Being Rude

As we discussed in Beardcast Episode 80, EA has been making a surprising run-through of Consumerist’s “Worst Company in America.”  Now that the polls are closed and the votes counted, Consumerist has declared (via internet poll) that EA is the worst company in America and awarded them a tongue-in-cheek golden poo.  Previous winners of these titles include scummy luminaries such as BP, AIG, and Comcast.  The Consumerist takes suggestions for nominations, investigates the claims of anti-consumer behavior, and decides if they deserve a spot within the NCAA-style bracket. 

As you can assume, the industry reacted to this with a misapplied and grotesque caricature of perspective.
 

This has been the newest notch in the “Fucking gamers” belt that gaming journalists and developers have been wearing for the last year.  It is the new hip thing to do to paint with the widest brush possible and be as rude as they can be to draw a clear line between themselves and what they consider the unwashed masses.  Any time that gamers, the audience for gaming journalism and video games in general, feel upset, manipulated, mislead, or taken advantage of, game journalists fall over themselves to use words like “entitled” or “missing the point.”

It is an unfair and rude generalization that needs to stop.  This type of snobbery honestly has no place within an entertainment industry, especially one that claims to foster community.  You don’t think this game’s ending needs to be changed because it compromises the industry’s art?  Surely you can express this without claiming it is the fault of some vocal whiners or tweeting some thinly-veiled finger pointing at people for ruining “your” hobby.  Oh no, gamers are mad because of on-disc DLC!  I guess they just don’t understand how easy it is to get the DLC codes, all you have to do is ask on twitter (if you’re a game journalist).  Lousy, entitled gamers too lazy to use twitter.

Game journalists are eager to prove that they are above their station and do this by meticulously outlining who is below them.  If you agree with them, then you’re smart and reasonable.  If you disagree, then you’re an entitled minority that is simply whining because everything is not all rainbows and sunshine or whatever other strawman one can think of for these purposes.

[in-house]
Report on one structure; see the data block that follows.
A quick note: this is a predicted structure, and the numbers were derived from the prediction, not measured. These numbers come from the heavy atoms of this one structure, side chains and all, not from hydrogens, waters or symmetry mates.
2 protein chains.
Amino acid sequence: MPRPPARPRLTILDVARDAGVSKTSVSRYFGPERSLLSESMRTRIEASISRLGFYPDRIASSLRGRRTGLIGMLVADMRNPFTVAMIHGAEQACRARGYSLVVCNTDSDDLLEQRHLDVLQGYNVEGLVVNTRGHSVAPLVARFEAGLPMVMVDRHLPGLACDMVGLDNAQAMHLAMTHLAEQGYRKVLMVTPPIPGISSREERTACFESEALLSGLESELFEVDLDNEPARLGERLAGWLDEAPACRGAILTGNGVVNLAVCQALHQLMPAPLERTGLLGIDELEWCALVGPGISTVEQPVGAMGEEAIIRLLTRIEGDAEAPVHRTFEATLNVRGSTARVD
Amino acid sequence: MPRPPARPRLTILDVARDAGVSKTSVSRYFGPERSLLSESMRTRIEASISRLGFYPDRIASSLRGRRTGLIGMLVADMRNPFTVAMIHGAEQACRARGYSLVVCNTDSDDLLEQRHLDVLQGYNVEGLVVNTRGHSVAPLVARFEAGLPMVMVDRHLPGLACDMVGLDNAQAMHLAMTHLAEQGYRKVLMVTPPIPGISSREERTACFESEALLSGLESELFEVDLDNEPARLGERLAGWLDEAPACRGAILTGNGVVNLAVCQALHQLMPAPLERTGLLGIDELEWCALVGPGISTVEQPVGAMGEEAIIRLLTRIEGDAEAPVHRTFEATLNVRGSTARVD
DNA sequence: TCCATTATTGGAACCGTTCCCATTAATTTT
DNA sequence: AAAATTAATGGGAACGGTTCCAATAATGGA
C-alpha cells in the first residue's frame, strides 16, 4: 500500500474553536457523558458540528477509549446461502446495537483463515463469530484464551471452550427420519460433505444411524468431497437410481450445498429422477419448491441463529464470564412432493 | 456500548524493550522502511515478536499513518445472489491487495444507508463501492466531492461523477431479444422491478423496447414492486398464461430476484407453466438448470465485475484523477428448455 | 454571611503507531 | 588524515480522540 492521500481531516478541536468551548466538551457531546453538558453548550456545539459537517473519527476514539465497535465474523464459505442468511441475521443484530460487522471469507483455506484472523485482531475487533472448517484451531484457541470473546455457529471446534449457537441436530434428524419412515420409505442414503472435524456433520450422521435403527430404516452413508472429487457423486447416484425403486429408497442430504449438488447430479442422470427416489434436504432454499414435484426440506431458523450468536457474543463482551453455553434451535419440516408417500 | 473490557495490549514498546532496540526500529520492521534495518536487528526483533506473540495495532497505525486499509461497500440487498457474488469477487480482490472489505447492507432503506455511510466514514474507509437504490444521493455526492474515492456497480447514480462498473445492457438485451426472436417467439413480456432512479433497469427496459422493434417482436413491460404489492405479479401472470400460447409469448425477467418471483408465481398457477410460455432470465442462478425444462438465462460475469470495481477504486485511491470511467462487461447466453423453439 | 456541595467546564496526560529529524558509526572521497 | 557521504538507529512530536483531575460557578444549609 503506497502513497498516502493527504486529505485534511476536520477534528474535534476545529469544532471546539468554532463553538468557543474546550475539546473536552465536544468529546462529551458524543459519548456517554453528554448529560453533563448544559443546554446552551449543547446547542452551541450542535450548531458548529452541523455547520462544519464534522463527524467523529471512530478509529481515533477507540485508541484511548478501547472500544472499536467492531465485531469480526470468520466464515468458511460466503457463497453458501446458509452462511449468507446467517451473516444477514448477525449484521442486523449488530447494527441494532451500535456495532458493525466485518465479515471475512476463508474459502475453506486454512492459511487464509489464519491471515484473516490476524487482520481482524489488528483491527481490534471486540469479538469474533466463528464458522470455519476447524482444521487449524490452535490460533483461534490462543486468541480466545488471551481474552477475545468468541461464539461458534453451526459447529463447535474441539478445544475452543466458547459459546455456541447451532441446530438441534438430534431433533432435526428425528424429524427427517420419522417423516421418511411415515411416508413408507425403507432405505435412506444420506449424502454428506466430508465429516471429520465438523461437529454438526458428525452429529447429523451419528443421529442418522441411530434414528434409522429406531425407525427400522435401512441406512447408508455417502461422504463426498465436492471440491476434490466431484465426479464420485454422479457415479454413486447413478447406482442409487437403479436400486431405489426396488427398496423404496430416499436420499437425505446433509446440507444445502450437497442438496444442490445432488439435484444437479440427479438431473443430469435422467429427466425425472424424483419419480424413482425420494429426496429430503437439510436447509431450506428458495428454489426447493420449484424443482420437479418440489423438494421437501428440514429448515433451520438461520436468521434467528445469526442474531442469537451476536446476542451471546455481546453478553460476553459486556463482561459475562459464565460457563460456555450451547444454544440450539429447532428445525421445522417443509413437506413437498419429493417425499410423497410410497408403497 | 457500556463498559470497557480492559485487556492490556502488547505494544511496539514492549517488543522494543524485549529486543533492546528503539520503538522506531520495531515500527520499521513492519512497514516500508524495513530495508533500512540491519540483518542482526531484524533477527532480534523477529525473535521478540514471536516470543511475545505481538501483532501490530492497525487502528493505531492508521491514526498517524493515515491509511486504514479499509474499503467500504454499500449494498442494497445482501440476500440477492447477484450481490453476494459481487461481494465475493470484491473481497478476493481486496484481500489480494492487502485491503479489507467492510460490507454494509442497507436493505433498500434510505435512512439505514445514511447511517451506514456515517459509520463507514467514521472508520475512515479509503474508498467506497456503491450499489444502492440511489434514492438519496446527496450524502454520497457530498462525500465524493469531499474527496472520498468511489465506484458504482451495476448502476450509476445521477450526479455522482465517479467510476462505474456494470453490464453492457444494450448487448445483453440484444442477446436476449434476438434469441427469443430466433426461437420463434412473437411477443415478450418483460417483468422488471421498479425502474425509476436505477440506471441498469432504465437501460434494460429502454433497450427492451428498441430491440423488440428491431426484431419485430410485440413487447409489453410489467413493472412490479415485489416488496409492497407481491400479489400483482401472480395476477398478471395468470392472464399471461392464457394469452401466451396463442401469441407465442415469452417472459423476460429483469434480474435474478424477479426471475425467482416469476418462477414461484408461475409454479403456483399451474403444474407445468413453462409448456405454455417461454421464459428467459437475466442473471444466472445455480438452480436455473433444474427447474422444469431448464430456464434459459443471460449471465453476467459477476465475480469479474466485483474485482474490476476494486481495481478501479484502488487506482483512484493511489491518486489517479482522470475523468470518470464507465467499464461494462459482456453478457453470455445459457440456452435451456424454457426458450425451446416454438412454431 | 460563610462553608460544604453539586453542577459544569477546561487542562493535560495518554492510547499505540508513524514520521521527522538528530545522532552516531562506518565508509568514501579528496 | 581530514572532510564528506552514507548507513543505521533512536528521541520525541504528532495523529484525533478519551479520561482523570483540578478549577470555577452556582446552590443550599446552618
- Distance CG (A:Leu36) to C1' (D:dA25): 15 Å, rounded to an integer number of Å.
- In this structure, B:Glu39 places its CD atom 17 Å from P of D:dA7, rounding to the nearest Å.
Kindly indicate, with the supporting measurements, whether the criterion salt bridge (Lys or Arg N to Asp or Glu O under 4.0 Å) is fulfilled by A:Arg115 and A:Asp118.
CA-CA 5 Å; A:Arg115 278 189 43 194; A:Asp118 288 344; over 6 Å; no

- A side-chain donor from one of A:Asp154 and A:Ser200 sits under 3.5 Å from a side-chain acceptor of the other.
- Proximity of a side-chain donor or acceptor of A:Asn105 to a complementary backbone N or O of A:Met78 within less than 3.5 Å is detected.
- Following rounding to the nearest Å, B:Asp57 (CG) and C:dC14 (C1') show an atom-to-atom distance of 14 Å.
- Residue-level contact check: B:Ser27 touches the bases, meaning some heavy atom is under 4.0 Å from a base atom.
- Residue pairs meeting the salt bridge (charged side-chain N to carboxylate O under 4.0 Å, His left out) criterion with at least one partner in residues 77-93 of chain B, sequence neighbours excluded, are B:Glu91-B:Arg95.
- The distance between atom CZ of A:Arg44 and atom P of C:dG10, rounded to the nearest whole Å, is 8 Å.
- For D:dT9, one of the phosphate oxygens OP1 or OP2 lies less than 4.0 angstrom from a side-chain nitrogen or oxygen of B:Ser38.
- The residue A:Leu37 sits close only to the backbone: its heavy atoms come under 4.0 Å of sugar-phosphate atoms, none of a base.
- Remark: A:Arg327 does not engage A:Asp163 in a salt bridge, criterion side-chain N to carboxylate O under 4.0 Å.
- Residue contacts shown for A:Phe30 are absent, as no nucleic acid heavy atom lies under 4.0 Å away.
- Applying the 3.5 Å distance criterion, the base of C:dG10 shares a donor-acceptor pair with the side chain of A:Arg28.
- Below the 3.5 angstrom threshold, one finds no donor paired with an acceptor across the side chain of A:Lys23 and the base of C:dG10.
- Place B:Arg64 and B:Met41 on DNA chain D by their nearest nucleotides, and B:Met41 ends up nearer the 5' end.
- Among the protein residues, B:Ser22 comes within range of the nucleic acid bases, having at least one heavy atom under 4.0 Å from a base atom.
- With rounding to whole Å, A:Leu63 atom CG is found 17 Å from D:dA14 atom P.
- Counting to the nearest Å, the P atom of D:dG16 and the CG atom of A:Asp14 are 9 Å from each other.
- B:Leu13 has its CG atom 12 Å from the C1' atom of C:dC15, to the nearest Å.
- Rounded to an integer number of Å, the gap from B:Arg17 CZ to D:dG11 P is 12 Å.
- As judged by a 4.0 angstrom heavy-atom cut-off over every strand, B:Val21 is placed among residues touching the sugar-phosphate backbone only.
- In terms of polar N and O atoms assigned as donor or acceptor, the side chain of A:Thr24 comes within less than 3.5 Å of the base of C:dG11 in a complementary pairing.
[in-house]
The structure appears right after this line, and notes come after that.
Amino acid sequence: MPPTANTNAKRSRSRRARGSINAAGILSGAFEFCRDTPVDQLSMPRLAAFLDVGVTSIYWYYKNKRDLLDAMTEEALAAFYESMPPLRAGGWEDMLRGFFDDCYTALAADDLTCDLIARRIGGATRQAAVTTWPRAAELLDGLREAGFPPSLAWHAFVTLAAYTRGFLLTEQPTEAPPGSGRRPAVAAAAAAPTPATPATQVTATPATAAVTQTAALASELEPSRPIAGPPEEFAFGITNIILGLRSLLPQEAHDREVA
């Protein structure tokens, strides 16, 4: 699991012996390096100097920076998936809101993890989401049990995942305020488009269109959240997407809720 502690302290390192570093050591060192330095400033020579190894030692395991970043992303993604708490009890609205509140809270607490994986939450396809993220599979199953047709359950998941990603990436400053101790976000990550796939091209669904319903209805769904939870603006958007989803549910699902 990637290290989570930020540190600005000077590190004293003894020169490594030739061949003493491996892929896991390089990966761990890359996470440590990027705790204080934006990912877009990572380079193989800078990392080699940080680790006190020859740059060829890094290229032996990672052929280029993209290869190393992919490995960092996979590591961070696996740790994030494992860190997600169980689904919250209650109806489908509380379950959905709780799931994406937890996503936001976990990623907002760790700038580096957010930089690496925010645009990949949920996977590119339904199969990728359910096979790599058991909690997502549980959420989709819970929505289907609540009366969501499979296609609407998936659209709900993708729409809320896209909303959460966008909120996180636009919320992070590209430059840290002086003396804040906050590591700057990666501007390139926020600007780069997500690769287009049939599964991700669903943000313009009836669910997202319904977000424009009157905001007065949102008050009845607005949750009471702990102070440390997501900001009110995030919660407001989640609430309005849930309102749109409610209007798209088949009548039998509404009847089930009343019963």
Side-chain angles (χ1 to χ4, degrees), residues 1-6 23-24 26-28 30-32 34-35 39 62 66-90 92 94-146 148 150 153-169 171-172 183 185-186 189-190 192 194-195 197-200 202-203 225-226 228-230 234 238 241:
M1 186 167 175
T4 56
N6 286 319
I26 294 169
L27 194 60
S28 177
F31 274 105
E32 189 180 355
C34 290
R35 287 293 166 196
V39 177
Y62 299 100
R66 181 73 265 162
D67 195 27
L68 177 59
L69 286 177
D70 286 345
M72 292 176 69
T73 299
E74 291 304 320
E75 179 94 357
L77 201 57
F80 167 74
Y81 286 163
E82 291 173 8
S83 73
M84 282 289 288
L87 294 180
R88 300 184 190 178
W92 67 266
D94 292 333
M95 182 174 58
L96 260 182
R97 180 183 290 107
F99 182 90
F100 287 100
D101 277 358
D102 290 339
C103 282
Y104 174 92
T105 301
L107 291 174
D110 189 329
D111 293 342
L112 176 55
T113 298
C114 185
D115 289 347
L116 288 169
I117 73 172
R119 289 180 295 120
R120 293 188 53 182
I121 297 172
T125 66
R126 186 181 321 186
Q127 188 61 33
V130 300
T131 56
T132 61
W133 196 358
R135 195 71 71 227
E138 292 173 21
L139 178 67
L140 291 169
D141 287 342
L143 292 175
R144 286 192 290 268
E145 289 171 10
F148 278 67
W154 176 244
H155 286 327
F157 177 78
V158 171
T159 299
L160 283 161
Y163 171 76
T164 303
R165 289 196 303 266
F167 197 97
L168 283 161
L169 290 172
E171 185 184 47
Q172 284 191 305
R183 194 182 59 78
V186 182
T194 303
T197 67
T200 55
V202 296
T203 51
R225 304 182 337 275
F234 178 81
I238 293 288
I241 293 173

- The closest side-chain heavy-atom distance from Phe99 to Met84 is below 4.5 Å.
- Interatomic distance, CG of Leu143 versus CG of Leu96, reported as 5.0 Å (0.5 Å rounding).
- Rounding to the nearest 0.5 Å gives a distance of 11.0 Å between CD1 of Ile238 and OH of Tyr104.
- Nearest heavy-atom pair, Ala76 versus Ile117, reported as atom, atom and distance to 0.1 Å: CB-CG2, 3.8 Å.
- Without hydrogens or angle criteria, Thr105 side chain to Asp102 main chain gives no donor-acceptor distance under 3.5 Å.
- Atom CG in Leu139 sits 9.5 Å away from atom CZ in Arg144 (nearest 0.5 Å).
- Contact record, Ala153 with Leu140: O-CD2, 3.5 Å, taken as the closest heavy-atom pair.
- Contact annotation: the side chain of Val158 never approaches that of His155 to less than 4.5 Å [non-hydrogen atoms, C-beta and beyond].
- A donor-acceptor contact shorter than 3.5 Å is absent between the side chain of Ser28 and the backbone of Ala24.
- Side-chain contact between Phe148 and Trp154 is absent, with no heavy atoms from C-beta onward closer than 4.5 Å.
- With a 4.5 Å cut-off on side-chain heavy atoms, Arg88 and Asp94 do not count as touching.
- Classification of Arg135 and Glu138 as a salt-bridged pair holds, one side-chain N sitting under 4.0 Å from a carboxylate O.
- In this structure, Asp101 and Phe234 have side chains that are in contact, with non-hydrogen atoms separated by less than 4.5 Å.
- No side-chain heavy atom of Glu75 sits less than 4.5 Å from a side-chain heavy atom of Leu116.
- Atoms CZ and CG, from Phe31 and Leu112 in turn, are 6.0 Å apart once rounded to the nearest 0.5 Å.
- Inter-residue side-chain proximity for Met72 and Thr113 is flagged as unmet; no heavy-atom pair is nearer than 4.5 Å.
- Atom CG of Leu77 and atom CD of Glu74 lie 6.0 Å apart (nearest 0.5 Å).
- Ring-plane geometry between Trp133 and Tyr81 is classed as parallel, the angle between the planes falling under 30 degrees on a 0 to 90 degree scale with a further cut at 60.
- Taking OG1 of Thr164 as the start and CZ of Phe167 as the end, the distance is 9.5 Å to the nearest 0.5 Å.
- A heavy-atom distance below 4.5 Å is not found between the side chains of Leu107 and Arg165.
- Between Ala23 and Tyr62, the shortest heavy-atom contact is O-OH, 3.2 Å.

Maybe they think there is an inherent danger to thinking of your audience as people.  If you think of them as abstract concepts, just “whining” coming from some back channel with Hatsune Miku avatars, then it probably won’t bother you when they do have legitimate gripes.  Developers and journalists may not simply want to think of their consumers as people with complex thoughts and logic so they can simply hand wave their complaints away as emotional reactions.  When there is an event that people are talking about, the gaming media will circle the wagons to explain why gamers are at fault.

Yes, everyone understands that EA is not actually worse than Bank of America in terms of real-world effects.  Congratulations, you made the correct value judgment that foreclosing on homes is worse than forum bannings being tied to access to games (and in a good bit of irony, mentioning the Consumerist poll gets you banned from the forums, too).  Neither Bank of America nor EA was suddenly going to see this poll result and change their ways, so for as little as this poll actually mattered, getting upset that the more morally outrageous choice was not picked does little besides provide an excellent example of public grandstanding.  To do this while defending EA’s acts as an actual anti-consumer company is mind-boggling, as if video games themselves needed defense from…people who play video games.

It is perhaps hypocritical of me to complain of soapboxing while actively engaging in it myself.  And the amusing part may be that I find myself close to their line of thinking in how little I care about the hypocrisy here, but if my glibness is such that it allows me to call out the rudeness and sanctimoniousness of the gaming industry for what it is, then I have absolutely no problem with that at all.  The real lead, buried under EA’s meaningless victory (or loss) in this arena, is that consumers are more complex than their entertainment and information providers give them credit for.  They can only be so dismissive and ungracious before the audience realizes they don’t need them any longer, either.